It’s World Egg Day, and what better way to celebrate than with eggs benedict, topped with a perfectly poached egg?
Ben Starr is a gourmet chef, owner of the upscale Dallas restaurant Frank, and finalist on MasterChef with Gordon Ramsay who has mastered the art of the poach.
In this video he shows us how to poach the perfect egg using the method developed by the late, great Julia Child and, you’ll be pleasantly surprised to learn, it’s not as difficult as it looks.
Start with a pot of water. You will need two quarts. Starr recommends using hot water from the tap, as it will come up to temperature faster than cold water.
Add a third of a cup of plain white vinegar to the water. This is the golden ratio, says Starr: two quarts water to one third of a cup of vinegar.
SCIENCE LESSON! The acidity in the vinegar counteracts the alkaline properties of the egg, preventing the whites of the egg from spiraling all over the pot.
Heat the pot on high, but don't let it come to a rolling boil, as this would break the egg apart. The perfect water is very hot, with small, gentle bubbles breaking the surface.
Now it's time to prep the egg. Star suggests organic, free range eggs. They're a bit more expensive, but they're better quality, easier to cook, and taste better.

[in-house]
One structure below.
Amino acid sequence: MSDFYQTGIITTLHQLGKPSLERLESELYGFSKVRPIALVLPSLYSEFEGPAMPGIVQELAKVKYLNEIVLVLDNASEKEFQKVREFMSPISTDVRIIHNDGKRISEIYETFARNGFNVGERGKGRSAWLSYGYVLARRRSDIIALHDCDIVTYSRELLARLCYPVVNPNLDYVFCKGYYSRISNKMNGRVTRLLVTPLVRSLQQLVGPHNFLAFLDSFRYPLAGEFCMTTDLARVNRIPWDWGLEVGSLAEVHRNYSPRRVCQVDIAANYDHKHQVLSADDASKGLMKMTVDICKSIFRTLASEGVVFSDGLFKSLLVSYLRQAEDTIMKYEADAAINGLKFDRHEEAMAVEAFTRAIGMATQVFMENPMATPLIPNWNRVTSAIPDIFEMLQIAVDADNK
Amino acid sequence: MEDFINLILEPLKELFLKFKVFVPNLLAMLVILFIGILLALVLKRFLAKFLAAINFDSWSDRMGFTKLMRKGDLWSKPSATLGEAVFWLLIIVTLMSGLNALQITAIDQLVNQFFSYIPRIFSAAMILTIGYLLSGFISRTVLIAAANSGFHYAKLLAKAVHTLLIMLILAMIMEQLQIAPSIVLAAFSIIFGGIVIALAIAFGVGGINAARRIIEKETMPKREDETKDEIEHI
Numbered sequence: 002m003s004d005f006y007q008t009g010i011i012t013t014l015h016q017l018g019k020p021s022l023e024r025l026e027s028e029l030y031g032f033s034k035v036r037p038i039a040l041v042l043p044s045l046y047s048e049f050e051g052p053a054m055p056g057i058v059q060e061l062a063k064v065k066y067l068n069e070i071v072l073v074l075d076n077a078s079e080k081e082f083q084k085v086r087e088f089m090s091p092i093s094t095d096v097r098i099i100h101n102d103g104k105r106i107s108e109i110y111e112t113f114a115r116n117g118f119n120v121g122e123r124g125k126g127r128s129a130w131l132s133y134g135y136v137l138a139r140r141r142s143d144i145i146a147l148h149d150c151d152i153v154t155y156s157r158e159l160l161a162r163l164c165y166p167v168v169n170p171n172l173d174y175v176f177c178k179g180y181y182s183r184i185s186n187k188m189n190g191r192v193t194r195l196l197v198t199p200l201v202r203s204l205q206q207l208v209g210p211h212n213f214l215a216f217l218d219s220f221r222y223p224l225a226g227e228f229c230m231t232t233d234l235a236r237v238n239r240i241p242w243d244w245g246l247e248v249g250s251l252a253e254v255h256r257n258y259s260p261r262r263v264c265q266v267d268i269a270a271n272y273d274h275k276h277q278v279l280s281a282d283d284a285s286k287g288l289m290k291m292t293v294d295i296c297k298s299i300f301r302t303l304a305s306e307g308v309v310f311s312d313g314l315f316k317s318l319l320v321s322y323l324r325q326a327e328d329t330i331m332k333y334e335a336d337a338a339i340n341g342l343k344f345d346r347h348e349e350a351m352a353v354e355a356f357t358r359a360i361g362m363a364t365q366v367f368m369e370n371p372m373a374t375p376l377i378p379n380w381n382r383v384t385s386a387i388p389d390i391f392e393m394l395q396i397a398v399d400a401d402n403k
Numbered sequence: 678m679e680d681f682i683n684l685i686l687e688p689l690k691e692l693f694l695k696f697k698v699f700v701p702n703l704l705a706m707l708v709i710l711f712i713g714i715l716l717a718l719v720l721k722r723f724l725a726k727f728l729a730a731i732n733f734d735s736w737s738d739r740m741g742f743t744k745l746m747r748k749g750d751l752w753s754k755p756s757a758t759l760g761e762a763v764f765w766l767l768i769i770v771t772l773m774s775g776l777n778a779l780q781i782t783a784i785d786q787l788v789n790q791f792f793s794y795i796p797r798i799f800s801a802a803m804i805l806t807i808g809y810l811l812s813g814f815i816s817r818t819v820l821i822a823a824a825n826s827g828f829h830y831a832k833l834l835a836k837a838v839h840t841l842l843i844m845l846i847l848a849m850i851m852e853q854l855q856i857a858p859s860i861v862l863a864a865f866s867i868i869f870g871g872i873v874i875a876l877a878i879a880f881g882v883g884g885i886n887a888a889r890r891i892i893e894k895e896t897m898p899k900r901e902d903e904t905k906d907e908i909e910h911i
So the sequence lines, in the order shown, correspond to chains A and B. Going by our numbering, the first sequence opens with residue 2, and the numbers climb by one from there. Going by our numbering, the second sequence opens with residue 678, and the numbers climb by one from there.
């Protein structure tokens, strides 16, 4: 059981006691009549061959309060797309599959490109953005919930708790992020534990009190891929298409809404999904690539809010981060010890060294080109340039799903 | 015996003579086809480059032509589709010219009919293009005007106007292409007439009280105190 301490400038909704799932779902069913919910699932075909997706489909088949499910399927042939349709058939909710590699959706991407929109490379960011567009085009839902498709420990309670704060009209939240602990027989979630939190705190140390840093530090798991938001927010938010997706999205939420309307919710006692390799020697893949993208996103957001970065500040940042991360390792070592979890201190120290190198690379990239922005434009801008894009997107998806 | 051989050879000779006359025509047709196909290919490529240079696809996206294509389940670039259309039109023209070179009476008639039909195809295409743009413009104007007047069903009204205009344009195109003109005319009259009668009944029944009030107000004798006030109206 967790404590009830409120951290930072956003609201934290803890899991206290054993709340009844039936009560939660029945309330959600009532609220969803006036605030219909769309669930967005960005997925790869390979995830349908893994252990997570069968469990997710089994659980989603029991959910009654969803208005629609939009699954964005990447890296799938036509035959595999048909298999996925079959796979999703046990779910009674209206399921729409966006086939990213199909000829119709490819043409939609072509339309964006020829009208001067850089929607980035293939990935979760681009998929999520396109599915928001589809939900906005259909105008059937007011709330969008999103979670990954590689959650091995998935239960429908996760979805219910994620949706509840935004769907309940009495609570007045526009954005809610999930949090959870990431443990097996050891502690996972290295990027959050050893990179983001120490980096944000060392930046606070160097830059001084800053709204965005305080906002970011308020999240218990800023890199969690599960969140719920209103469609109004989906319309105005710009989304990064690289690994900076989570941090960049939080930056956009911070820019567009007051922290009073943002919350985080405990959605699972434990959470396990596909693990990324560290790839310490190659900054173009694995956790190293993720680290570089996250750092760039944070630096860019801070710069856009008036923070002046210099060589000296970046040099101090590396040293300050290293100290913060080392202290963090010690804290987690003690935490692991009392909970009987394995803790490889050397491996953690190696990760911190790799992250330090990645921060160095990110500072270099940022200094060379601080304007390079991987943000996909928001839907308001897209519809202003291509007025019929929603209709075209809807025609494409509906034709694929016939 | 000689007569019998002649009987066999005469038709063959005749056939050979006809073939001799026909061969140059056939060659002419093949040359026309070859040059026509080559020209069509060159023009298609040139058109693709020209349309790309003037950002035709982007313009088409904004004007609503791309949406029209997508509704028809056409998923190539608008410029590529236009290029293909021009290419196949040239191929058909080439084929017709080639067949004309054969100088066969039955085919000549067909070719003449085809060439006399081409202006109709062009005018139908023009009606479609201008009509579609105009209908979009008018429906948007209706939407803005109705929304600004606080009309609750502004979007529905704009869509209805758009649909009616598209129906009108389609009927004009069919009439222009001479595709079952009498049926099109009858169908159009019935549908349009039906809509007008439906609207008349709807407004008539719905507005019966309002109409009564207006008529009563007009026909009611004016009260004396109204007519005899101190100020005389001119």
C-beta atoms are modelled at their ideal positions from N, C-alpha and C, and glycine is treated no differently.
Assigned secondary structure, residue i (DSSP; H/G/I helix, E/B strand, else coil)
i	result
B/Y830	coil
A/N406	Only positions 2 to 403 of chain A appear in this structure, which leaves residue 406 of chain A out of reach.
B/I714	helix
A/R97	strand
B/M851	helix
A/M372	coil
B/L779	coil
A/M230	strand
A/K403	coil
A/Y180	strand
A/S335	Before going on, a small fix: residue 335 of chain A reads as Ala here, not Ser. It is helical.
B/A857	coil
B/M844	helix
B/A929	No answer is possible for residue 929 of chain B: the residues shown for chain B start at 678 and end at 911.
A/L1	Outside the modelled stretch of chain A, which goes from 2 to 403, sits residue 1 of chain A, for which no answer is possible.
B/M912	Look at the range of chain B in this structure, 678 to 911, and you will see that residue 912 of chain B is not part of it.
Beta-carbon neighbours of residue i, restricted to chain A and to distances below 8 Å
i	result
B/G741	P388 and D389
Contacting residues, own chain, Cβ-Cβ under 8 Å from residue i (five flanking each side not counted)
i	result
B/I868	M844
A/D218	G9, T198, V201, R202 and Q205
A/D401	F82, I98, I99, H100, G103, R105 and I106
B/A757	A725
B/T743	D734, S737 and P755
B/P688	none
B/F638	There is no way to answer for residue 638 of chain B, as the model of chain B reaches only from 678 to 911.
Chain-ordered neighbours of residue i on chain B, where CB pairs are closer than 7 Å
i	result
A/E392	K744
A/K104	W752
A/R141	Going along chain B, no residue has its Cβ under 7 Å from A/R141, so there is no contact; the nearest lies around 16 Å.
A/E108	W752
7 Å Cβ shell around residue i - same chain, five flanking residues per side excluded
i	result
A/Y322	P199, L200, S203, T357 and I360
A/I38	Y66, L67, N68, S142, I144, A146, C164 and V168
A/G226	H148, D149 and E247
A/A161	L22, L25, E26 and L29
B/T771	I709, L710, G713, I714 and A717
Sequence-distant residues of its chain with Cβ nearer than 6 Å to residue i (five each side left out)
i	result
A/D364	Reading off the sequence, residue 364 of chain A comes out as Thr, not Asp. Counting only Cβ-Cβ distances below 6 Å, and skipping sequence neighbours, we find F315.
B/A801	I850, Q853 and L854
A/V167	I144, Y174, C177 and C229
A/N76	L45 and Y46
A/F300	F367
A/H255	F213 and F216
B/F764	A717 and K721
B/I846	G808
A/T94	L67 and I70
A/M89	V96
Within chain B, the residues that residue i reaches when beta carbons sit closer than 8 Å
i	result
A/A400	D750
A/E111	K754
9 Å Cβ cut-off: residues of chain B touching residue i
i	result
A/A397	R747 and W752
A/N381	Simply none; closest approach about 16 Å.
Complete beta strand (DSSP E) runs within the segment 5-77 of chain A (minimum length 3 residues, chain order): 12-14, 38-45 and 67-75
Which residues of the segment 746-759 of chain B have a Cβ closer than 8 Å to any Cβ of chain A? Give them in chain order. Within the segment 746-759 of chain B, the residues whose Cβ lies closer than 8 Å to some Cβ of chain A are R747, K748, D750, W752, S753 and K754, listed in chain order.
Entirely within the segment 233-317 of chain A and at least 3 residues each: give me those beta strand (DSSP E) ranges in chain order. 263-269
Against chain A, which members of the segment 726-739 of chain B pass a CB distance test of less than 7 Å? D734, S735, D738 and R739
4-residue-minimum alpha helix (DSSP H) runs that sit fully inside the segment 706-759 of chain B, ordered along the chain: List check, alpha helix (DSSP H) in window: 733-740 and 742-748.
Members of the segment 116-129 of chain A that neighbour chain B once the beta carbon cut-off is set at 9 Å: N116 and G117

Turn the egg so you're looking at the wider end, not the narrower end. At the wide end of the egg there will be an air pocket just under the shell.
Use a pin or pointy tool to poke a small hole into the air pocket. Don't go so deep as to puncture the egg; you still want the egg intact inside the shell. Starr says the hole will be about an eighth of an inch deep.
While the egg is still in its shell, gently lower it into the pot with a slotted spoon and let it cook for 10 seconds. Water will enter the egg through the hole you made, lightly cooking it and holding it together so when you go to poach the egg it will retain its shape.
After 10 seconds, lift the egg out. Then crack the egg into the water, as close to the surface as you can get. Some chefs recommend cracking it into a cup first and then sliding the egg into the water, but Starr says the best way is to crack it by hand.
Now let the egg sit, without stirring the water. Leave it for exactly four minutes. If it looks like it's getting stuck to the bottom of the pot, use your slotted spoon to gently nudge it away, but don't touch it otherwise.
At two minutes you can already see the egg has formed a perfect little pouch. This is a result of the vinegar in the water and the 10 second pre-boil. Let it continue to cook.
Transfer the egg immediately to a bowl of cold, non-ice water. Ice could damage the egg, but cold water stops the cooking process and keeps the egg's runny, molten yolk. Leave the egg there until you're ready to serve it. You can even put the egg-in-water in the fridge, and it will keep for a day or two.
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